Getting started is relatively easy. Step one (which we learned via trial and error) is to ensure the Zeppelin Air has the latest firmware version by connecting it via the included USB cable directly to your PC or Mac. Having updated your Zeppelin Air, next you’ll have to add it to your home network (which, while not difficult, is not yet the simple process we’d wish it would be. That being said, it is likely just a matter of time before updates are offered simplifying the process even further). Connecting to a home network can be done by either connecting the Zeppelin Air directly to a PC or Mac via Ethernet, or by logging onto the Air’s initial temporary Wi-Fi connection. Both ways worked well enough, simply open your browser, enter “169.254.1.1” to be taken to the Zeppelin Air setup page, where you can log the Zeppelin Air into your wireless network.
Once selected, the Zeppelin Air remembers your Wi-Fi network / password information in its internal memory (translation – you can move or disconnect your Zeppelin Air any time and then powered it back up and it will find and login to your Wi-Fi network seamlessly). Having gotten it up and running on the network, it’s ready to connect with other any other AirPlay sources (including any iPhone, iPod Touch, iPad, or PC or Mac running iTunes) that are logged into the same home network.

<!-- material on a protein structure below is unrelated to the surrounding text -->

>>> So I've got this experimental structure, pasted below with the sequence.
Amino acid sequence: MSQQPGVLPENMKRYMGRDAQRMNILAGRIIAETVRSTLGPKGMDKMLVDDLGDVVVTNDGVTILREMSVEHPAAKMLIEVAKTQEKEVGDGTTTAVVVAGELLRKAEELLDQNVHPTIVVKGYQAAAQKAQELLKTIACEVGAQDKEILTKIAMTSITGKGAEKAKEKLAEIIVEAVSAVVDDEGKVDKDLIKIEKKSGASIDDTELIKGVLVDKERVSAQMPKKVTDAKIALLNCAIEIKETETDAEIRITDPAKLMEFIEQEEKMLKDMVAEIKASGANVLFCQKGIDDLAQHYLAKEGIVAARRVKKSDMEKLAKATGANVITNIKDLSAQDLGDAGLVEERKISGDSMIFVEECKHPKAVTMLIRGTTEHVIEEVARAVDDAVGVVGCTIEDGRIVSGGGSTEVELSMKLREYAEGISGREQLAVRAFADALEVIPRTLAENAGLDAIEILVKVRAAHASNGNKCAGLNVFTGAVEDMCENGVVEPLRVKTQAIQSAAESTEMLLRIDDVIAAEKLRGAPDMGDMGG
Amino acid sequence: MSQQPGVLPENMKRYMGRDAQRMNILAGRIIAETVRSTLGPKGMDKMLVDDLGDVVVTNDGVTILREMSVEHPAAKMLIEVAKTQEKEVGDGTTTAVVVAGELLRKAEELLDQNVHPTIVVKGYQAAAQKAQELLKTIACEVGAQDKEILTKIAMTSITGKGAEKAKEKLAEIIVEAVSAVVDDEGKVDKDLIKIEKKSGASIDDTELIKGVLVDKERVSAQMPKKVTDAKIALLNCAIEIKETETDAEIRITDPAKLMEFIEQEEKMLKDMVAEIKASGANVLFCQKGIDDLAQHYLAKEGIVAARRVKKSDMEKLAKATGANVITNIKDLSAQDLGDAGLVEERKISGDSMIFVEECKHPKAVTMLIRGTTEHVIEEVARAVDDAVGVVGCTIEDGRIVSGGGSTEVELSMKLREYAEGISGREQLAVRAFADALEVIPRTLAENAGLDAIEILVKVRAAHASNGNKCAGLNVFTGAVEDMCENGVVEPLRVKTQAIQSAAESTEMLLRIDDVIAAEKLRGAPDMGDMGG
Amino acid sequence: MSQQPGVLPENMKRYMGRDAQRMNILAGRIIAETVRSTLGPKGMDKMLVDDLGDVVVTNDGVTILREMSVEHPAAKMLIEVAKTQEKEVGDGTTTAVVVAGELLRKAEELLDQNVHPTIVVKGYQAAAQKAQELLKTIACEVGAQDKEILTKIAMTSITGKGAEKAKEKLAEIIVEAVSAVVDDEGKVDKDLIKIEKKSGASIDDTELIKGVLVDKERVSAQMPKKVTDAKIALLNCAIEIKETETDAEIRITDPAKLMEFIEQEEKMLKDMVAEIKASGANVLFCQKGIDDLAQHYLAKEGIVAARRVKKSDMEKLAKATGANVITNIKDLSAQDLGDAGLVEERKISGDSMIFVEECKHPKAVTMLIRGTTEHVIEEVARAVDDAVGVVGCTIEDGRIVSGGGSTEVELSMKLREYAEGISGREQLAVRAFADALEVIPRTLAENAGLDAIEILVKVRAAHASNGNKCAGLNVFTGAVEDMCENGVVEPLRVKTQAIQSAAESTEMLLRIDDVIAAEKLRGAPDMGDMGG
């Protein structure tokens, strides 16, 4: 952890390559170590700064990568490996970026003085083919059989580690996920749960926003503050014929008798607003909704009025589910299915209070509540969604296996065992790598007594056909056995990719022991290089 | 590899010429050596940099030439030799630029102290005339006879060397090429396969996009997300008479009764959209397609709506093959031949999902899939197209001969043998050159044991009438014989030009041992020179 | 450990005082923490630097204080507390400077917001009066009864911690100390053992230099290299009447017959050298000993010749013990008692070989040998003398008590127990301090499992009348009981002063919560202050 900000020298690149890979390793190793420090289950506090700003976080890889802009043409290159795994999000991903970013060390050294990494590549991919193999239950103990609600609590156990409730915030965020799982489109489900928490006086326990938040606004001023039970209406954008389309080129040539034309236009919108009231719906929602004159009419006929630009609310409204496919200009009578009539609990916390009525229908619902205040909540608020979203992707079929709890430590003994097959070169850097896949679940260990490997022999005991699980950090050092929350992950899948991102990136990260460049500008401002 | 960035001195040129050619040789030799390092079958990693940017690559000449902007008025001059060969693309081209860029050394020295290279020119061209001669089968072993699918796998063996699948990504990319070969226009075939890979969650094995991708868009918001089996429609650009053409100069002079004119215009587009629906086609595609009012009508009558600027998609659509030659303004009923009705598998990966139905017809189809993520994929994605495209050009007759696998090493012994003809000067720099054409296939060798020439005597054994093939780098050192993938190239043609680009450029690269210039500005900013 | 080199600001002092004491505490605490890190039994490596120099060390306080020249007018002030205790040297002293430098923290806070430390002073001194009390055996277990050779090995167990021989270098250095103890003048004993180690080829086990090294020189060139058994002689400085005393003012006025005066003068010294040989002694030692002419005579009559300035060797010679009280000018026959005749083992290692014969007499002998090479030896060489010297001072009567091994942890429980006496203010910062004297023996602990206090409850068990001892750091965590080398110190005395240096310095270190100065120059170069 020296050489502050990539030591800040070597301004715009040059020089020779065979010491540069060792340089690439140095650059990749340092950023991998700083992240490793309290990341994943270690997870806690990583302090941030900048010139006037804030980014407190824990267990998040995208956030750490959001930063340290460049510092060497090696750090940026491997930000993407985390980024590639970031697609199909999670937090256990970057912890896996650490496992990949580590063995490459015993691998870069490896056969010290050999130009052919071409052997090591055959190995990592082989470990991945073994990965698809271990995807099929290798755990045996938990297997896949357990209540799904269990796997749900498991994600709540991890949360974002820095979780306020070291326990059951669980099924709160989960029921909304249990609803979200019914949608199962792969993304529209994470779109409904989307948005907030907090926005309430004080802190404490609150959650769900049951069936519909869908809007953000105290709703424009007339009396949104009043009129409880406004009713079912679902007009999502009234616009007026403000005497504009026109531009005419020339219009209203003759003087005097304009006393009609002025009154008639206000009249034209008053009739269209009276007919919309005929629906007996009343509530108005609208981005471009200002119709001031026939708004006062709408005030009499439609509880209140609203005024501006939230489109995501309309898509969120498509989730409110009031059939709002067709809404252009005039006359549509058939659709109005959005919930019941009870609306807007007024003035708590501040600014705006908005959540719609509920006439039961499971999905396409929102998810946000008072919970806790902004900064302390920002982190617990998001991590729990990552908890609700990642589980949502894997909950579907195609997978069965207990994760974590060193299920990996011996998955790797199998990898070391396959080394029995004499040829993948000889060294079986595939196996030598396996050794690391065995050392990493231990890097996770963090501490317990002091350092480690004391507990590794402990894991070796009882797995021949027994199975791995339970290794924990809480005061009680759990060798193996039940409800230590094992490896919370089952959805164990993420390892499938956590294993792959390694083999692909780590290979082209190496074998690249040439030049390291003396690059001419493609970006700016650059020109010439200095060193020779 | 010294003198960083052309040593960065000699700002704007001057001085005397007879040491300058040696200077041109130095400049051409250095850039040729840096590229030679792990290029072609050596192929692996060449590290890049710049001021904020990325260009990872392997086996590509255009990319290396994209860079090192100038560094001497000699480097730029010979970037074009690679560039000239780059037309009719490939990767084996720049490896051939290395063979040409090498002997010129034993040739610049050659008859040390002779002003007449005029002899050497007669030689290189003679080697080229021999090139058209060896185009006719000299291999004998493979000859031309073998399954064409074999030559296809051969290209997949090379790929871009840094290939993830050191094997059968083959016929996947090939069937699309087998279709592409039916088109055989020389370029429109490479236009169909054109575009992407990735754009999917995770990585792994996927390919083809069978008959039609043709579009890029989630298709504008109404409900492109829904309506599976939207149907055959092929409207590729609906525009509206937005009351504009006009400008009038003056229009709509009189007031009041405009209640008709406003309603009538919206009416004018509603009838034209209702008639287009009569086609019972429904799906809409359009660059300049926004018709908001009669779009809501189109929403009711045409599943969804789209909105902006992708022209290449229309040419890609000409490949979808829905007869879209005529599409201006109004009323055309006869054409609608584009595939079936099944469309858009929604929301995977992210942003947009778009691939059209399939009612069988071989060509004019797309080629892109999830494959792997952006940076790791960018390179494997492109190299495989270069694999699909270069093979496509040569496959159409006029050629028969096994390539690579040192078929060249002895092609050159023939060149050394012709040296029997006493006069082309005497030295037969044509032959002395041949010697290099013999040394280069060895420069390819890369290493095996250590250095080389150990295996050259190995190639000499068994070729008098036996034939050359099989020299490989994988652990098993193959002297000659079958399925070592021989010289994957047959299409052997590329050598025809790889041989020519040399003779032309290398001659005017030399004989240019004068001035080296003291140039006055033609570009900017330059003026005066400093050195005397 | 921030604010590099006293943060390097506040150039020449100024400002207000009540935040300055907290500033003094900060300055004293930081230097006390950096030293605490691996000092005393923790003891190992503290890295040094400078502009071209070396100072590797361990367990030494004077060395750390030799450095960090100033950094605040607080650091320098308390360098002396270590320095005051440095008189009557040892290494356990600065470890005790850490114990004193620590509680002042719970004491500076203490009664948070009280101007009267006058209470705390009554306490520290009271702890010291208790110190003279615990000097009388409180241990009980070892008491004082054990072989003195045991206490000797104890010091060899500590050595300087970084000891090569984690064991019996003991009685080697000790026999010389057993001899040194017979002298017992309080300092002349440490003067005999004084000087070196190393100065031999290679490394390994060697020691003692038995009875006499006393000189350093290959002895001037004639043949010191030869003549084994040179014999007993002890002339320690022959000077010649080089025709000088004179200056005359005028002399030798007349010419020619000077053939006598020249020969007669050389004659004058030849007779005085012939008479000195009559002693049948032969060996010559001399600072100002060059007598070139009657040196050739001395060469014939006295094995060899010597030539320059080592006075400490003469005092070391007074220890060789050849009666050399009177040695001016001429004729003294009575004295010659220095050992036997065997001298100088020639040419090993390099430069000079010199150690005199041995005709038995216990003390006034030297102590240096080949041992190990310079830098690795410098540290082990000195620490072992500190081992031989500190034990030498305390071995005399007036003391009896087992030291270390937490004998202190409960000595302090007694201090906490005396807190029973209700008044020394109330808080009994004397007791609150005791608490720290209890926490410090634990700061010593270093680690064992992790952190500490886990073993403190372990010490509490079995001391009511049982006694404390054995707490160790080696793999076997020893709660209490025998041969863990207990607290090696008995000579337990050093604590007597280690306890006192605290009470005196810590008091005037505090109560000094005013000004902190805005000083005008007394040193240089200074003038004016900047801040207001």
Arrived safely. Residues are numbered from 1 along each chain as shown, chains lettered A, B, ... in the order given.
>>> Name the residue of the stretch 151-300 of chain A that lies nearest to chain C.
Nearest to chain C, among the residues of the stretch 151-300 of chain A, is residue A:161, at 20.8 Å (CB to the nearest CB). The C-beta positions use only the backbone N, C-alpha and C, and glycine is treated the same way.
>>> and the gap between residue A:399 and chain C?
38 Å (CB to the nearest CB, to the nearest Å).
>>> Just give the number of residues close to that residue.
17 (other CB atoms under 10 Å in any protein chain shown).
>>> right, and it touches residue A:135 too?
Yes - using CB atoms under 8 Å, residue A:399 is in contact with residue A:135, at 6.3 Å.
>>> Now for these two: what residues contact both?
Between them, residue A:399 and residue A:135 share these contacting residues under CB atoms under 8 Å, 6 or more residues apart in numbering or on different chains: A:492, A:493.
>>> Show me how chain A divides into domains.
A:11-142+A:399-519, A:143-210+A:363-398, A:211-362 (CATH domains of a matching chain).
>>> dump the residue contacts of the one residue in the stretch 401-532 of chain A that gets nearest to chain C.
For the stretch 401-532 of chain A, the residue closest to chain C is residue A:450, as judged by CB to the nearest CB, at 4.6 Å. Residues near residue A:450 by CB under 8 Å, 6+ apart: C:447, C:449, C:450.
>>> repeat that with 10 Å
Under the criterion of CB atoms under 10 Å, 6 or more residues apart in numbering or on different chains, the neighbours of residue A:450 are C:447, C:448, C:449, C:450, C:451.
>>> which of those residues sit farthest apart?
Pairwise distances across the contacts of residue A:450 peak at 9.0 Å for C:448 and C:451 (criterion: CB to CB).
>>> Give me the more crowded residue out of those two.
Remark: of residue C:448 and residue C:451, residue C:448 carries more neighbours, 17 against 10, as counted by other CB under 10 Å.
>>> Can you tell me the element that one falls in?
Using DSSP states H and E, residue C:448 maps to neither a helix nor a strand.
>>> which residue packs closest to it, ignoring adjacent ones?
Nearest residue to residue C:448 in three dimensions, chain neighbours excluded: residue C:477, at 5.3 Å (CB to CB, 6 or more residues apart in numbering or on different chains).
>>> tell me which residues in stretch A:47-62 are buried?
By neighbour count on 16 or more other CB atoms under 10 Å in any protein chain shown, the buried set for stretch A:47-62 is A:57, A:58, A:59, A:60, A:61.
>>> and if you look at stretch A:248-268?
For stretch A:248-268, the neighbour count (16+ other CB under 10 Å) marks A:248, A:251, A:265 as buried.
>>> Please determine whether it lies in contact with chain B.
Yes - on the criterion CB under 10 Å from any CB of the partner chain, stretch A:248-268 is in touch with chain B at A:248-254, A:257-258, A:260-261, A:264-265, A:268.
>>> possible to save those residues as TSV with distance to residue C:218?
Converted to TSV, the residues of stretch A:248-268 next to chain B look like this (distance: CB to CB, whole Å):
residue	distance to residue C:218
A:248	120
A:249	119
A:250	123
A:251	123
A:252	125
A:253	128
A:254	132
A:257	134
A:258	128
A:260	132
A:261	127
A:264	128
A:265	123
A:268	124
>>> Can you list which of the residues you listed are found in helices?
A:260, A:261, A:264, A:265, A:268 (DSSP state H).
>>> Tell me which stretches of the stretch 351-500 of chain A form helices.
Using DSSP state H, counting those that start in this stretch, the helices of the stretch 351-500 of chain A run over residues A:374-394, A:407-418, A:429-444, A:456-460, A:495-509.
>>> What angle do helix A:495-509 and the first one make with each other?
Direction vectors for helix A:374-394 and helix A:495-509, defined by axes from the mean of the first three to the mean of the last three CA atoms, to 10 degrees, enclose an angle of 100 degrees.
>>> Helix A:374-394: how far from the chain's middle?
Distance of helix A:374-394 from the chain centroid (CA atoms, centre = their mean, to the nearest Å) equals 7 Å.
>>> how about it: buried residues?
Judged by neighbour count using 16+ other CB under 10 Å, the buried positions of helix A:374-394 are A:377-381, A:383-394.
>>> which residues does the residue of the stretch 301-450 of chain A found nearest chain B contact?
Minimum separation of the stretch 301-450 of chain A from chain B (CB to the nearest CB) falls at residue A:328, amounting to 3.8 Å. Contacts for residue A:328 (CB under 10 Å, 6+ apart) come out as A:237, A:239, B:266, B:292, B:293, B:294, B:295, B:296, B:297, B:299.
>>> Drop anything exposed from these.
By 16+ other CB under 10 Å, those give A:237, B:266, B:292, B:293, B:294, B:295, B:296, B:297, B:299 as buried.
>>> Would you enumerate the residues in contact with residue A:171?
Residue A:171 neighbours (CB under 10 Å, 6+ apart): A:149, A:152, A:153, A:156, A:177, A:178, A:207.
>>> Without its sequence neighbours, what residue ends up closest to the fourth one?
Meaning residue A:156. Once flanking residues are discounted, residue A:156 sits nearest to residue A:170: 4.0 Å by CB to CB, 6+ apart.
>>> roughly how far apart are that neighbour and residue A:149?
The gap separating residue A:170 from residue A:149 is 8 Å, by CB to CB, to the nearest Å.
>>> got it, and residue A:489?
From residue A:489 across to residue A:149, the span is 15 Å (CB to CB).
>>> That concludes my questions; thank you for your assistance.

While we were pleased with the overall performance of AirPlay, we did find that each option (either streaming from a multi-media device or via computer-based iTunes) resulted in a slightly different experience. When listening via a portable device we noticed a devices menu icon in the lower right corner of the screen which allowed us to select the Zeppelin Air from the menu, and launch the streaming. When using AirPlay to play music from a networked computer running iTunes you’ll find you can download Apple’s Remote app, and follow the onscreen instructions to link it to any networked computer – giving you access to the entire iTunes-based music library on your hard drive from the screen of the iPad, iPod Touch, or iPhone.